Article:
When someone has drugs in their system and tries to operate a vehicle, they pose a danger to everyone around them. Drugged driving can cause traumatic car crashes, resulting in severe injuries, some of them fatal. Whether it’s an illegal narcotic or an over-the-counter medicine, a drug can easily impair a motorist’s ability to make good decisions and drive safely on the road.
The attorneys at DeMayo Law Offices, LLP are highly experienced in drugged driving cases, and they will dedicate themselves to you and your case. Our attorneys have been recognized by numerous prestigious organizations, such as the Multi-Million Dollar Advocates Forum, for successfully advocating for our clients, and we’ll bring that same exceptional representation to your case.
If a driver under the influence of drugs caused your accident and injuries, contact DeMayo Law Offices, LLP at (877) 333-1000 to learn more about your legal options and the compensation you’re owed.
The Dangers of Drugged Driving
Driving under the influence of an impairing substance or with any level of a Schedule I controlled substance is a drugged driving offense under North Carolina Statute 20-138.1. There are four main types of drugs that can affect a person’s driving abilities:
- Over-the-counter medications
- Controlled substances
- Prescription medicines
Even a seemingly harmless medication like ibuprofen could create an adverse reaction that leads to a car crash. You should always check the warning labels before operating a motor vehicle.
Over-the-counter medications can be just as dangerous as an illegal narcotic. Some cause similar side effects in the driver that prevents them from remaining safe on the road. Most people assume if they take an OTC allergy pill, they can go about their day as usual. Unfortunately, some medications have side effects that could result in a severe car accident. It’s even worse when mixed with other drugs or alcohol.
Examples of common OTC medications that could pose a risk to a person’s driving abilities include:
- Allergy medicine
- Sleep aid
- Pain reliever that contains codeine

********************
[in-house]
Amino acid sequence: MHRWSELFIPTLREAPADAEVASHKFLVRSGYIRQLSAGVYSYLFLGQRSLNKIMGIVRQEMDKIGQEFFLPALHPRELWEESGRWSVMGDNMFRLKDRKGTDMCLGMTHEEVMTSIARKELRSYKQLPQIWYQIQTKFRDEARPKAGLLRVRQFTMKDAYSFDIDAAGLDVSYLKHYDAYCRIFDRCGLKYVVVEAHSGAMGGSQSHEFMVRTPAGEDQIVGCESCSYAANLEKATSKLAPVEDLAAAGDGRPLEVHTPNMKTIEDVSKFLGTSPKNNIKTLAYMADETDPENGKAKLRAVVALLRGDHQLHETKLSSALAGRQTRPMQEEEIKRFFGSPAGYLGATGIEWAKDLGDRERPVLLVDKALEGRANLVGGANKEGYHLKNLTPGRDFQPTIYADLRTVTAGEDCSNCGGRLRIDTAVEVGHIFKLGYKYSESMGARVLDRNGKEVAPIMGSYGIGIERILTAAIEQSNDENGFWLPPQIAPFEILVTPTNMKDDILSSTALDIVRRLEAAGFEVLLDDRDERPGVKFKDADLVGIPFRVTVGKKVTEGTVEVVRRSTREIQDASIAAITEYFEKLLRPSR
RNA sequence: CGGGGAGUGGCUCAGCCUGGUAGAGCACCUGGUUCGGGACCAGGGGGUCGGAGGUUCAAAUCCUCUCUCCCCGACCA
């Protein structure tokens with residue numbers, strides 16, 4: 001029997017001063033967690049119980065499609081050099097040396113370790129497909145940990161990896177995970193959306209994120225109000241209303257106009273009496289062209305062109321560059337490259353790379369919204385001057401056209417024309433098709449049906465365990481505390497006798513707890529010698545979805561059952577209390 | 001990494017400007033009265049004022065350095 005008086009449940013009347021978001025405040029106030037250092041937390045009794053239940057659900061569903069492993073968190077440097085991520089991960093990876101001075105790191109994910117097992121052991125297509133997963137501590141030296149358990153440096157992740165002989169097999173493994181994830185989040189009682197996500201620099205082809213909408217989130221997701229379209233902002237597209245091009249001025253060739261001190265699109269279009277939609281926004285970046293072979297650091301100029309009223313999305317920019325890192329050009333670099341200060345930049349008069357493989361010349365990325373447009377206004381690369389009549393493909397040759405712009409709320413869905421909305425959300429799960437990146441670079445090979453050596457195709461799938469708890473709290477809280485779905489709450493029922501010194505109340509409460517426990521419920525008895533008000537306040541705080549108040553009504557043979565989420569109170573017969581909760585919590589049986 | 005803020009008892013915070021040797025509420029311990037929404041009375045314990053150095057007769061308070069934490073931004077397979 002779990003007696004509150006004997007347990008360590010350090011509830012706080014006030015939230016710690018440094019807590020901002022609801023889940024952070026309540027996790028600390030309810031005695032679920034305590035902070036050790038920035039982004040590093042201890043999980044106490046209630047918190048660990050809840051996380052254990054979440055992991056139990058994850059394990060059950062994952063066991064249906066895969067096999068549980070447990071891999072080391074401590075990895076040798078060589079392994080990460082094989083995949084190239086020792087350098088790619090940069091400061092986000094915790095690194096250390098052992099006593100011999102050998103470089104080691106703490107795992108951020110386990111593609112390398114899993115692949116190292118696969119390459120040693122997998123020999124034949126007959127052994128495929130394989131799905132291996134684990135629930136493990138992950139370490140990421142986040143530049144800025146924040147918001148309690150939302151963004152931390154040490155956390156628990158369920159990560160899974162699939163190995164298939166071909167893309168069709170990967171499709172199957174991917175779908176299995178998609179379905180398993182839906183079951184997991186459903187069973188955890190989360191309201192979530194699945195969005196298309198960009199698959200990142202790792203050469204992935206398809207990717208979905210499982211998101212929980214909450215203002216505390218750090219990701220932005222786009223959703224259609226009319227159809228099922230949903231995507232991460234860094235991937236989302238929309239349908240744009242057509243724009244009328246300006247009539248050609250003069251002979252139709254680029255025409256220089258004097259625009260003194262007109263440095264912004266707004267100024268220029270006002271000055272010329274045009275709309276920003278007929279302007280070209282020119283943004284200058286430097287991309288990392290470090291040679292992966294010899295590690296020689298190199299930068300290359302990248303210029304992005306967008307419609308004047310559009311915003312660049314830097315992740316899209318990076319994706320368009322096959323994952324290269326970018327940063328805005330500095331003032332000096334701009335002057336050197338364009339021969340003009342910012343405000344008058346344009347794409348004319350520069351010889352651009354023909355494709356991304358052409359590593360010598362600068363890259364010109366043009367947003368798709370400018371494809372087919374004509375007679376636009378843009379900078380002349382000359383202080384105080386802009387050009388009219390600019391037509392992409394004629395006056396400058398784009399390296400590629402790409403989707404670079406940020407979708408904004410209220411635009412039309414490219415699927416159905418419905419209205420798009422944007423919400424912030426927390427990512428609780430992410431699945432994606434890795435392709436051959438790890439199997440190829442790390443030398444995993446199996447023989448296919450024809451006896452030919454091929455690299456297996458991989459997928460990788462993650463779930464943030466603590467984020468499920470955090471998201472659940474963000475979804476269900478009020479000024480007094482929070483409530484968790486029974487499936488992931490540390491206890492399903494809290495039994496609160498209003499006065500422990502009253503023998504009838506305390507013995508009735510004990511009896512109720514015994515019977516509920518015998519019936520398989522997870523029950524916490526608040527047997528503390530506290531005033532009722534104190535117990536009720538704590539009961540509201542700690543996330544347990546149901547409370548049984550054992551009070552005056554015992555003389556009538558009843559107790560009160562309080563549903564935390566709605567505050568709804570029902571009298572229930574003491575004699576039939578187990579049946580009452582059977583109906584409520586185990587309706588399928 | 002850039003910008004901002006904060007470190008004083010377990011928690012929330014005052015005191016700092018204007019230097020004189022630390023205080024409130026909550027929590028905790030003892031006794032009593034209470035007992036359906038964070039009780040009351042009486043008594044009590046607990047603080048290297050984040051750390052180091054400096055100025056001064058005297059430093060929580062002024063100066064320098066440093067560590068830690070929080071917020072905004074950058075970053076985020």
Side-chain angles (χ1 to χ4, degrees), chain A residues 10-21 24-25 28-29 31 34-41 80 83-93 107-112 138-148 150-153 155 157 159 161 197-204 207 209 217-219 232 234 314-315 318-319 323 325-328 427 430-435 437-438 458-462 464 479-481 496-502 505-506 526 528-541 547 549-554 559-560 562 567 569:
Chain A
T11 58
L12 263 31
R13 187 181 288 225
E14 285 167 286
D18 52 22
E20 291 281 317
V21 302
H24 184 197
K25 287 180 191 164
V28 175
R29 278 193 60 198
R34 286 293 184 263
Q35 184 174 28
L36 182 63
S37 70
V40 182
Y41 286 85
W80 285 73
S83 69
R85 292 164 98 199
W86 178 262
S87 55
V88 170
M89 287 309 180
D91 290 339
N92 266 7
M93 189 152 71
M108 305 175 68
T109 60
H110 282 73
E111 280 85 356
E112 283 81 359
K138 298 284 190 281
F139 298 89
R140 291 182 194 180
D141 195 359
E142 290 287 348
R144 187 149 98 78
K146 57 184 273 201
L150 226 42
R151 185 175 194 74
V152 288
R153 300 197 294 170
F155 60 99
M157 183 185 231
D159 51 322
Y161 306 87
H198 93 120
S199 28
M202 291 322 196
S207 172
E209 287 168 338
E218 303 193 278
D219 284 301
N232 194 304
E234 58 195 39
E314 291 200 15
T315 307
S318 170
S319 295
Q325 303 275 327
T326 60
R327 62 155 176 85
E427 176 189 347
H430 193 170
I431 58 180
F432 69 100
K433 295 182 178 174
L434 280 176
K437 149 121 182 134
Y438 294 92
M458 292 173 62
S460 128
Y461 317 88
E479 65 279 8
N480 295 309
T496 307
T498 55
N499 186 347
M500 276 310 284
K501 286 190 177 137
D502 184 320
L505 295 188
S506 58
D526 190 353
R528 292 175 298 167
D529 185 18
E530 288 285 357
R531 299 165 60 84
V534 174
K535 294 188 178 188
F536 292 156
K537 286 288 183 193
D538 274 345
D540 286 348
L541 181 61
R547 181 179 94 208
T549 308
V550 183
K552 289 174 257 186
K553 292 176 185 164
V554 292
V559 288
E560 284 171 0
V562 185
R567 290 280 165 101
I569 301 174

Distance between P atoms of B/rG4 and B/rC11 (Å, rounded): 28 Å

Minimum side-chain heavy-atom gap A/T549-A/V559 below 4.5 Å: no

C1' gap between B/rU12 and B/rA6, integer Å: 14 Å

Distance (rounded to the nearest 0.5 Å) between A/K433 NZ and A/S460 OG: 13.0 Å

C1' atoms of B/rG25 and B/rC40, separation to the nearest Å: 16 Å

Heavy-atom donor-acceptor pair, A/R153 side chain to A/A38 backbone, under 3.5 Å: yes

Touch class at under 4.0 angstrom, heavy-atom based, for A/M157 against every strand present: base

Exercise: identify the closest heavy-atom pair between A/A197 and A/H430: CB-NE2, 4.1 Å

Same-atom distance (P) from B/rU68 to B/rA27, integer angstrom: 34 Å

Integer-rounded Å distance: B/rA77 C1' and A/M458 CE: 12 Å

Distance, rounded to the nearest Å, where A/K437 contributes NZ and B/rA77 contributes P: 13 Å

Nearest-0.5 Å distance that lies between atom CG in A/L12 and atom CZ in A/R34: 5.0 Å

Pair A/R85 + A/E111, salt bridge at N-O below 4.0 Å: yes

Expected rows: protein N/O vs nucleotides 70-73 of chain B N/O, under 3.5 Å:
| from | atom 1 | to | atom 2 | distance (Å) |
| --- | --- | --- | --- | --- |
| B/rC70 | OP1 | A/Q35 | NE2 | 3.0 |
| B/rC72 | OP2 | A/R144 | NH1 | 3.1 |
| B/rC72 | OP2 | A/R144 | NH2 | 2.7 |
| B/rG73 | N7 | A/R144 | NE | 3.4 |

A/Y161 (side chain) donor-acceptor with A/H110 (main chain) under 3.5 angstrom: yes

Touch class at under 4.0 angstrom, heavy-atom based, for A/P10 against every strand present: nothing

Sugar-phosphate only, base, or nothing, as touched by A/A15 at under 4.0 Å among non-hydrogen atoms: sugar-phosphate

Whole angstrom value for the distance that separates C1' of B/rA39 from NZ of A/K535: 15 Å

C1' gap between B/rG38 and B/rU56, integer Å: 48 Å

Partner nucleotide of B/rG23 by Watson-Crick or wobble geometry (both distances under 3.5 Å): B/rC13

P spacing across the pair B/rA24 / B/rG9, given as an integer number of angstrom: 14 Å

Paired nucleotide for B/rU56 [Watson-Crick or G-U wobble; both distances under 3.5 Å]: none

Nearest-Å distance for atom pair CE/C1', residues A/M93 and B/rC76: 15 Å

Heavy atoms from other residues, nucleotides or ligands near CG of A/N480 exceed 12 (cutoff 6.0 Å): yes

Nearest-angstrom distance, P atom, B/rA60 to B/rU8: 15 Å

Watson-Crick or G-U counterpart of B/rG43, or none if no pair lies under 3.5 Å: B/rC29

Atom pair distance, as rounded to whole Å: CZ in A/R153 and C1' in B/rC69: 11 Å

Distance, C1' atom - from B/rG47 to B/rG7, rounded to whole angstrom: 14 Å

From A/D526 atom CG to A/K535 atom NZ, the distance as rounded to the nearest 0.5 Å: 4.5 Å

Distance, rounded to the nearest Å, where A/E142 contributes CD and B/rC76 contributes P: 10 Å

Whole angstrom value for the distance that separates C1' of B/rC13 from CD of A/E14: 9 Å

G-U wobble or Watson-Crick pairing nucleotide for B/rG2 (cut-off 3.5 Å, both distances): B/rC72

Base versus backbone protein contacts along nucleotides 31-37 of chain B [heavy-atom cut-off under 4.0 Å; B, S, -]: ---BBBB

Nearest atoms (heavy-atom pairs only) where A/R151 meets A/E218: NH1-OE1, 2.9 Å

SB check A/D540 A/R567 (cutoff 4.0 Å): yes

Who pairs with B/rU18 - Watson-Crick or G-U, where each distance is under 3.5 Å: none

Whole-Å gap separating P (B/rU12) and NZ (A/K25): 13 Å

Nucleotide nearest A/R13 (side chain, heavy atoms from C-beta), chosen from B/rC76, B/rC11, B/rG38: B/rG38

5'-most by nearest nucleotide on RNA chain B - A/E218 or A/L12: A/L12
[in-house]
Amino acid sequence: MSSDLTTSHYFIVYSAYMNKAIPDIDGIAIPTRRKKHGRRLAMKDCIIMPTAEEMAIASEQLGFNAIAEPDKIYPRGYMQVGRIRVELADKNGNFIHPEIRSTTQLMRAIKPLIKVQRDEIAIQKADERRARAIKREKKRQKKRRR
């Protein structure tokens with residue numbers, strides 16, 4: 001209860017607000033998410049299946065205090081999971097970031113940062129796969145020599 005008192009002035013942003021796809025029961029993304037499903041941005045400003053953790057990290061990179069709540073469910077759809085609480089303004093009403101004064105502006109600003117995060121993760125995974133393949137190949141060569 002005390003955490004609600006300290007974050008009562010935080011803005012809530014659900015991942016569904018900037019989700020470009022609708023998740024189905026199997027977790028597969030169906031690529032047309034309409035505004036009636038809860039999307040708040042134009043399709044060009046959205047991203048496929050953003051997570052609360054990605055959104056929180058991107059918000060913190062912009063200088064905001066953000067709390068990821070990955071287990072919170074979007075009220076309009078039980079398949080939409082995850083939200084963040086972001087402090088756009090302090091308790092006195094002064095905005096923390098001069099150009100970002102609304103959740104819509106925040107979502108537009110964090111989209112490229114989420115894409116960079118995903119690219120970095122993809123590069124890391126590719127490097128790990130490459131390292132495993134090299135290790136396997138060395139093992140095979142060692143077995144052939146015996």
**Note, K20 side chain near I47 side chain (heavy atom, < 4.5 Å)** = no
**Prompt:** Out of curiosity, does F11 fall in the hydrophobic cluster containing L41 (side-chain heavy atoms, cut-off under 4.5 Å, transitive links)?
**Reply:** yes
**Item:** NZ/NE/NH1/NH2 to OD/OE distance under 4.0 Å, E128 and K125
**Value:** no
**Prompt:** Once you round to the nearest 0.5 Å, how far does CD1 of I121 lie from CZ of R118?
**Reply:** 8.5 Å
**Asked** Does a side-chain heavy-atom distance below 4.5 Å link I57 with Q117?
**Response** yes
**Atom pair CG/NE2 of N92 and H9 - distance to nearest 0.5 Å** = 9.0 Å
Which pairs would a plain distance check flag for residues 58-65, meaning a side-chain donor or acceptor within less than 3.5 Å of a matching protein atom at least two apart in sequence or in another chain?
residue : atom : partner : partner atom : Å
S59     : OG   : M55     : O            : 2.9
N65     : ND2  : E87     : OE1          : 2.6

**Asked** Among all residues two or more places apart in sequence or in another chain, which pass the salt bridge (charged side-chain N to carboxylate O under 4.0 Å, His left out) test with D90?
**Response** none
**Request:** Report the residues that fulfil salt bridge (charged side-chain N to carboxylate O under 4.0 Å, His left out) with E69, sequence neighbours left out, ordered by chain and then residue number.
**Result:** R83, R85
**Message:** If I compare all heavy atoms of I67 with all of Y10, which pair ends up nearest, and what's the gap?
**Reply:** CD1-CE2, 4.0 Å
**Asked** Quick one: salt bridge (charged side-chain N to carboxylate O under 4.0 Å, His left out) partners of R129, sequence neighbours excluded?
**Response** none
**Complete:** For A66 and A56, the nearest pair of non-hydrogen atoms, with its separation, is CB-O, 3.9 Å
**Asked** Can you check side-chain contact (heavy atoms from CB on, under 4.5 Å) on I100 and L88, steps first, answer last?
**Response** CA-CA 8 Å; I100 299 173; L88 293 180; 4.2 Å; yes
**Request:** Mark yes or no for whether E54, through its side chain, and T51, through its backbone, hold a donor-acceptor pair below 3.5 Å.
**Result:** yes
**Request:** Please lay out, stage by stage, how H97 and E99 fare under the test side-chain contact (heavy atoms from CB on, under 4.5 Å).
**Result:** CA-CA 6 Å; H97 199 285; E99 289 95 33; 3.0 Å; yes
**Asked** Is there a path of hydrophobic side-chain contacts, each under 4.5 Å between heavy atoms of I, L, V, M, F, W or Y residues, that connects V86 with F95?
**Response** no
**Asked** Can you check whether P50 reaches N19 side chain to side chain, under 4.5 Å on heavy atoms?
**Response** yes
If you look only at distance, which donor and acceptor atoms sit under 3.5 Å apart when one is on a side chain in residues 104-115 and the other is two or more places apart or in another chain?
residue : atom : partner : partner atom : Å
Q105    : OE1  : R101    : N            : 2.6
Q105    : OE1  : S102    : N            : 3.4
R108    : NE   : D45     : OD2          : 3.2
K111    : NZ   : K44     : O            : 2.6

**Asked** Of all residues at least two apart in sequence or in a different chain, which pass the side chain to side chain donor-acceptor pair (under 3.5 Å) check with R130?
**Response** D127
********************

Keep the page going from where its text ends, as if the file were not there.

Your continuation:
Controlled substances are illegal drugs that the user can become addicted to or abuse. There are five schedules, or categories, of controlled substances based on how dangerous they are and the abuse potential.
Schedule I: High potential for abuse. No accepted medical use. Examples include:
Schedule II: High potential for abuse. Risk of severe physical or psychological dependence. Examples include:
Schedule III: Less potential for abuse than Schedules I and II. High risk of psychological dependence and moderate to low risk of physical dependence. Examples include:
- Anabolic steroids
- Tylenol with Codeine
Schedule IV: Lower potential for abuse than Schedule III. Low risk of psychological and physical dependence. Examples include:
Schedule V: Lower potential for abuse than Schedule IV. Examples include:
- Cough syrup with codeine
Marijuana is a Schedule I controlled substance, according to the U.S. Drug Enforcement Administration; however, it’s in a category of its own. Throughout the country, many states legalized marijuana for recreational and medicinal use, but it’s always illegal to drive with any amount in your system. It can cause side effects that impact the necessary skills to drive safely, such as:
- Slowed reaction time
- Poor coordination
- Memory loss
- Distorted perception
- Blurry vision
- Reduced problem solving and decision-making abilities
Prescription medicines are pharmaceutical drugs that a doctor prescribes for specific use by the intended individual. When you get your medication filled at the pharmacy, you should always ask about adverse reactions. Warning labels on the packaging will inform you if you should refrain from driving after taking your usual dose.
Some side effects of prescription drugs are similar to OTC medications and certain controlled substances. They include:
- Blurred vision
- Slowed reaction time
- Inability to focus
- Reduced motor skills
- Lack of coordination
Common prescriptions that warn users not to operate a motor vehicle include:
- ADHD medication
- Opioid pain relievers
You’re Entitled to Compensation After a Drugged Driver Car Accident
If you discover that the person who caused your accident was under the influence of drugs, you can hold them financially responsible. Under the state’s fault system, the at-fault party is automatically liable for the victim’s injuries, property damage, and other losses. You can pursue compensation by filing a claim with their auto insurance company.
All drivers have a legal requirement to purchase liability insurance with minimum limits of $30,000 for bodily injury and $25,000 for property damage. Those limits cover an injured party’s damages associated with the car crash. Damages refer to all the losses someone incurs due to another person’s negligence. Examples include:
- Lost wages
- Lost earning capacity
- Medical bills
- Out of pocket expenses
- Pain and suffering
- Vehicle repair or replacement costs
- Mental or emotional anguish
- Loss of quality of life